Here's an article that I wroote for Sailing Anarchy (www.SailingAnarchy.com) about our recent wounded veteran's clinic in San Francisco, October 3-6. 

 

I remember the first time that I went sailing. It was on an overcast grey day in San Diego Bay in early 2008. Giddy with excitement upon arriving at the marina and boarding the boat, I quickly stowed my gear and took my place as crew in helping us disembark from the dock. As we left the protection of the harbor, we hoisted the sails and shut off the engine. A cool fresh breeze filled the sails, heeling the boat and silently pushing us toward open water. As I felt the boat power up for the first time, I was captivated by the serenity and raw power of a boat, under sail, purposefully accelerating to hull speed.

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Sorry for not updating the blog. I’m bad about that sometimes!! This blog is kind of long....

 

After returning from Newport, RI at the end of September, we shoved off from Neah Bay, WA and rounded Cape Flattery, headed south. Throwing up my new to me spinnaker, we kite-reached south until the breeze began dying again. The spinnaker was sort of collapsing and re-filling for a couple of hours and then bang it went! The halyard chafed through and failed, bringing the sail down on deck. 

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Pretty sweet Hope for the Warriors boom cover on the 12 Metre American Eagle/ Hope for the Warriors. Thanks to owner Herb for all of his amazing support of our vet's sialing program and Ted Turner and Gary Jobson for all of their hospitality.

 

A brilliant couple of days in Rhode Island! Now headed back to Washington State to grab Sirena Gorda and continue moving her to San Fran. I arrived in Newport on Thursday to sail on American Eagle/ Hope for the Warriors with Ted Turner and Gary Jobson on Thursday. The classic America’s Cup yacht was renamed for the weekend to benefit Hope for the Warriors and even sported a custom vinyl boom cover. Thursday night, it was Turner, Jobson and myself as the guest speakers at the regatta dinner for the 12 Metre North American Championship regatta, which was pretty neat, as there were about a dozen AC veterans, Dennis Conner, Tom Whidden, etc in the crowd. Friday I sailed with Dennis Conner and Tom Whidden on the 12 Metre “KZ-7 Kiwi Magic”, which was pretty awesome. In addition, Hope for the Warriors and I got some great press on the front page of the Newport Daily News on Friday and the Providence Newspaper on the same day. So hopefully this trip did some good in raising money and awareness for our wounded veteran’s sailing program. A busy couple days and i’m absolutely wiped from non-stop travel, meeting people, sailing, speaking, partying, etc. Headed back west!!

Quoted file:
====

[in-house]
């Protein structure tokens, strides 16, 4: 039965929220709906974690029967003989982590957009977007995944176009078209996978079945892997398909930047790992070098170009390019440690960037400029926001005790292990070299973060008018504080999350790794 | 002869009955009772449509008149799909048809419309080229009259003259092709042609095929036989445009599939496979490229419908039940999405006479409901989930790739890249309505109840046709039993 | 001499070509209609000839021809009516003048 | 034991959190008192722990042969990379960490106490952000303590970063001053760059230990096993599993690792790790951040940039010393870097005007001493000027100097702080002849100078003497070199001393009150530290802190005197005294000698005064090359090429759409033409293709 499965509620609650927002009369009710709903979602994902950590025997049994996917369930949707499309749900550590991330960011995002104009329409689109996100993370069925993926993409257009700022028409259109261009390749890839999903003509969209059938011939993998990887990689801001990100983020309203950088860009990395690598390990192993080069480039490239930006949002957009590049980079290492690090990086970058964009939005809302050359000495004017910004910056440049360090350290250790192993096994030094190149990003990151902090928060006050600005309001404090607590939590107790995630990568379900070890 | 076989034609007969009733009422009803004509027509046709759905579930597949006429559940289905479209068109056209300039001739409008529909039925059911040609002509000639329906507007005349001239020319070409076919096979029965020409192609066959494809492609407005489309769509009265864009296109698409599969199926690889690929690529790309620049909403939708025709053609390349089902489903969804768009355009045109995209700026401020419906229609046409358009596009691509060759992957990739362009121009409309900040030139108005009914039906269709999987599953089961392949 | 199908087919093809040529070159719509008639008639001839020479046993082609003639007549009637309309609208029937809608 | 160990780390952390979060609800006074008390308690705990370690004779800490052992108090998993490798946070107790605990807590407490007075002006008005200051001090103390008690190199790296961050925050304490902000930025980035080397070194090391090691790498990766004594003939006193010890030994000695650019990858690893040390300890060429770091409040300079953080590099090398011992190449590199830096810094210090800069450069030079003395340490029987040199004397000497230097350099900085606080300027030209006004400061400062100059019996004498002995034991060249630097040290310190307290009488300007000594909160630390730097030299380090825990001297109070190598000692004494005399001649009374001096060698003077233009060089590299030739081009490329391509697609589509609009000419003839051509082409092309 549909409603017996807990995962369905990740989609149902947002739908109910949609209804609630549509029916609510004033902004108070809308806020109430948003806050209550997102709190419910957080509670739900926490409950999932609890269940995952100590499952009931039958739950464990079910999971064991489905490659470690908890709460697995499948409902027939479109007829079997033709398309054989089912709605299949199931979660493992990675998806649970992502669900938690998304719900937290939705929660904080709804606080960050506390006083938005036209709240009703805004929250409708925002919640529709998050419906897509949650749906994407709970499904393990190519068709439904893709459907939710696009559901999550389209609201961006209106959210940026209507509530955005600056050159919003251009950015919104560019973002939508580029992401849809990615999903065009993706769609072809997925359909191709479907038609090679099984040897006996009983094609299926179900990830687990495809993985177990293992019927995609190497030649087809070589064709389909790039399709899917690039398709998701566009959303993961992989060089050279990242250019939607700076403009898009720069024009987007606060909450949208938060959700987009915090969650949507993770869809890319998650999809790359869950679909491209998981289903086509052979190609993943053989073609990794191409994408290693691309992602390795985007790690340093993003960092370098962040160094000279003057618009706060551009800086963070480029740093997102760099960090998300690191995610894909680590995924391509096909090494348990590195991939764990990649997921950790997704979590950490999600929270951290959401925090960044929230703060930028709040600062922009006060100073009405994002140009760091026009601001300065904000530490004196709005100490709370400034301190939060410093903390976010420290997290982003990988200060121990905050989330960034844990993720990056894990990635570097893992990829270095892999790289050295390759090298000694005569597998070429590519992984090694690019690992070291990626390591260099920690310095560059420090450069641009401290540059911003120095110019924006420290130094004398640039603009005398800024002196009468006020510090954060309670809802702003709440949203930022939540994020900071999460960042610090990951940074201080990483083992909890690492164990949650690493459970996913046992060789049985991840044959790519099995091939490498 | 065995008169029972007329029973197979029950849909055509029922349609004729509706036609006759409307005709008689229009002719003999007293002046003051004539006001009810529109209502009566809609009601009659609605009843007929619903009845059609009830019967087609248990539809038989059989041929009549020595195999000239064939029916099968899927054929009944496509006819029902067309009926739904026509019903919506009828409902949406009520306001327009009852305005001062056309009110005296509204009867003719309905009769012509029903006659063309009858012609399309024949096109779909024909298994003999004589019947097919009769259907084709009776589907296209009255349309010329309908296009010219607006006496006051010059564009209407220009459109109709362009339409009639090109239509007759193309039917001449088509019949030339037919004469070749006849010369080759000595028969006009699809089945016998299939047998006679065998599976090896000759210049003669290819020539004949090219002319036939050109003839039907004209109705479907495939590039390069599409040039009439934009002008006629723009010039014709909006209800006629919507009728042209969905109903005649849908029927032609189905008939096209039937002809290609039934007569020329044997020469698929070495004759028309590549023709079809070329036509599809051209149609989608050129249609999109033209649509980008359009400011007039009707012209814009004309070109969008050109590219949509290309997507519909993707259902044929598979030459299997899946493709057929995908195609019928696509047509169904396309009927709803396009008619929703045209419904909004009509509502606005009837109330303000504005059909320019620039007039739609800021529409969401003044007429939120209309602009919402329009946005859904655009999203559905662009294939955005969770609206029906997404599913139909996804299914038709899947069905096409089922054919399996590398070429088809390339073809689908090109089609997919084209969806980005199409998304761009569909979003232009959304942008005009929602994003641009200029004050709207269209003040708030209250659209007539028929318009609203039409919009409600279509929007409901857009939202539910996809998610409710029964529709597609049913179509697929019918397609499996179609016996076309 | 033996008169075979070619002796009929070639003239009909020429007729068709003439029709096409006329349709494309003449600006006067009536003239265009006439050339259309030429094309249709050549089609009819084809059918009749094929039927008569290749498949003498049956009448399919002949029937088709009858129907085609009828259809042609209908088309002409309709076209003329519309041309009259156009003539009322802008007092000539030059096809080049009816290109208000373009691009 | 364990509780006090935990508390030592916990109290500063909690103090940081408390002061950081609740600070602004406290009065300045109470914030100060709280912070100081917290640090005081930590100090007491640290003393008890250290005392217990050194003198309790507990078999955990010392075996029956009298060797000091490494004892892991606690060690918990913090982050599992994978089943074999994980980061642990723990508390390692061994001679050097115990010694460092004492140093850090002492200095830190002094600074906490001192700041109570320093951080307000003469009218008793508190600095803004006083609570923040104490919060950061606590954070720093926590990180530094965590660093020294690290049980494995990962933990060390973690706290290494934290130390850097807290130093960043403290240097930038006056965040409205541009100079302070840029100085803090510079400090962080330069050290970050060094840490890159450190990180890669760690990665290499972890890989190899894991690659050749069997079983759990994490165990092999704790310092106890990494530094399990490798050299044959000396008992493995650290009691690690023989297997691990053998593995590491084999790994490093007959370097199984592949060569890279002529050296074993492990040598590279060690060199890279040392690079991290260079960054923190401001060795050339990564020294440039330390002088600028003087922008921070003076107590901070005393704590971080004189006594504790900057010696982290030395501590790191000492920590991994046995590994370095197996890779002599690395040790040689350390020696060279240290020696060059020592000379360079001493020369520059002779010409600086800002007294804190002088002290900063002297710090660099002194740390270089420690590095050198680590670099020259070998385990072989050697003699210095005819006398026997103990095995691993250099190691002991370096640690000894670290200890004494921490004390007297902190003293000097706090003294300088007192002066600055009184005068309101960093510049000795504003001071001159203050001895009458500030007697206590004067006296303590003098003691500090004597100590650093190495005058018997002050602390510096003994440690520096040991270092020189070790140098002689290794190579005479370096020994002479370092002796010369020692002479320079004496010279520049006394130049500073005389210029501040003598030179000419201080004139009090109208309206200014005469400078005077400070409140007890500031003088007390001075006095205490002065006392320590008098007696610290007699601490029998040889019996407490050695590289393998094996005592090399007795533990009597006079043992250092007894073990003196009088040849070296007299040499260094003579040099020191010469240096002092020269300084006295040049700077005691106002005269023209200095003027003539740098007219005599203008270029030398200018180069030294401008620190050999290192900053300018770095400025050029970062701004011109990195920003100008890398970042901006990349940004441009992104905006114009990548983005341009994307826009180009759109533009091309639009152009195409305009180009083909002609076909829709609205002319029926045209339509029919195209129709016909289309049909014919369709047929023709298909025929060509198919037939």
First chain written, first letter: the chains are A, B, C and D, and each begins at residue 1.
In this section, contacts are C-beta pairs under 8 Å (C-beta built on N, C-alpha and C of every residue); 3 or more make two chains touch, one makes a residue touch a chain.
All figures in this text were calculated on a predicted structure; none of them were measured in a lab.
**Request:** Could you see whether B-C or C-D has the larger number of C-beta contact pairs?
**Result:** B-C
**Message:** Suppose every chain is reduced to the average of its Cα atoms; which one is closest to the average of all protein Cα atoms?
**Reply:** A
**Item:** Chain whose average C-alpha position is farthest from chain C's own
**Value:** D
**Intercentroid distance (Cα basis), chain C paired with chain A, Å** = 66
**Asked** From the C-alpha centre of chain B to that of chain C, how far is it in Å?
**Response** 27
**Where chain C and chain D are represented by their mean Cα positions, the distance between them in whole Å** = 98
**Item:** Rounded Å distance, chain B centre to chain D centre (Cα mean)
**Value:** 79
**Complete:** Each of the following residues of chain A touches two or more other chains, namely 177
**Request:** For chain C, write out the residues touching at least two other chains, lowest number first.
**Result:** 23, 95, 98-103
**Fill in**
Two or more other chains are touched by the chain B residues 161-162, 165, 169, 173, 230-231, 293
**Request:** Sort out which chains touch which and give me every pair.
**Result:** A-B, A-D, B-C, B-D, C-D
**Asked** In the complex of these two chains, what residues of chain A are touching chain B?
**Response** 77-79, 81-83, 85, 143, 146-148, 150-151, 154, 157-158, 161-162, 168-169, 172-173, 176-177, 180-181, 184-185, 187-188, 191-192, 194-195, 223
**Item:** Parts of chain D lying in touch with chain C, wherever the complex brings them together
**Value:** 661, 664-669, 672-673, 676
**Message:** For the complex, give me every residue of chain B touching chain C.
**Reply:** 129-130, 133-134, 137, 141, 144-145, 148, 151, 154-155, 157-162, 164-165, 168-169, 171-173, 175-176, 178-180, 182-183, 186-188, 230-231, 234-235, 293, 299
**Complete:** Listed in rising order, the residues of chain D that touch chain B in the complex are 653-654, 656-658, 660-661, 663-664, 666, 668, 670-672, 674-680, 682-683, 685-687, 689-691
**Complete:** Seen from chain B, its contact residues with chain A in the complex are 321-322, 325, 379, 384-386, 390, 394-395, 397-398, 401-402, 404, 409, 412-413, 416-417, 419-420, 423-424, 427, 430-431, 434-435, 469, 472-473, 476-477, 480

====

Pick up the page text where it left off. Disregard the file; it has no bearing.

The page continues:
12 Metre "Kiwi Magic" next to this sick yacht I crashed on for a night, courtesy of the US Merchant Maritime Academy at Kings Point. 

 

 

 

Sirena Gorda has been delayed in Neah Bay, basically on the northwest corner of Washington state. I had hoped to make it to Oregon by Tuesday to fly out of town for a business trip on Wednesday, but it looks like those plans will have to change. My new to me boat has some issues that need addressing; a hard to start diesel, a non-charging alternator, no starboard running light and a basically non-functional VHF radio. It's definitely a mixed bag when you take a new Craigslist yacht cruising. If I wasn’t on a tight schedule with other commitments this week then I would just set sail for Astoria and fix things there, but since I am on a schedule, I think it makes most sense to post up here for a few days and try to get some things sorted. First, i’ve removed the alternator and am taking it to be tested/ repaired. It’s in my backpack now as I type this from a bus between Neah Bay and Port Angeles, Sirena’s last port of call. My friend Aaron joined me from Seattle for the week, but with the trip halted, he’s flying back home. So now it’s just me and my boat in a tiny little Indian fishing village that is a 2.5 hour bus ride from pretty much anything.

Sirena Gorda at Makah Marina in Neah Bay, WA. One of only two sailboats in the entire harbor. This small, isolated Indian fishing village wasn't exactly my idea of cruising paradise, but i'll take it. Viva la crappy boat with broken stuff.

 

 

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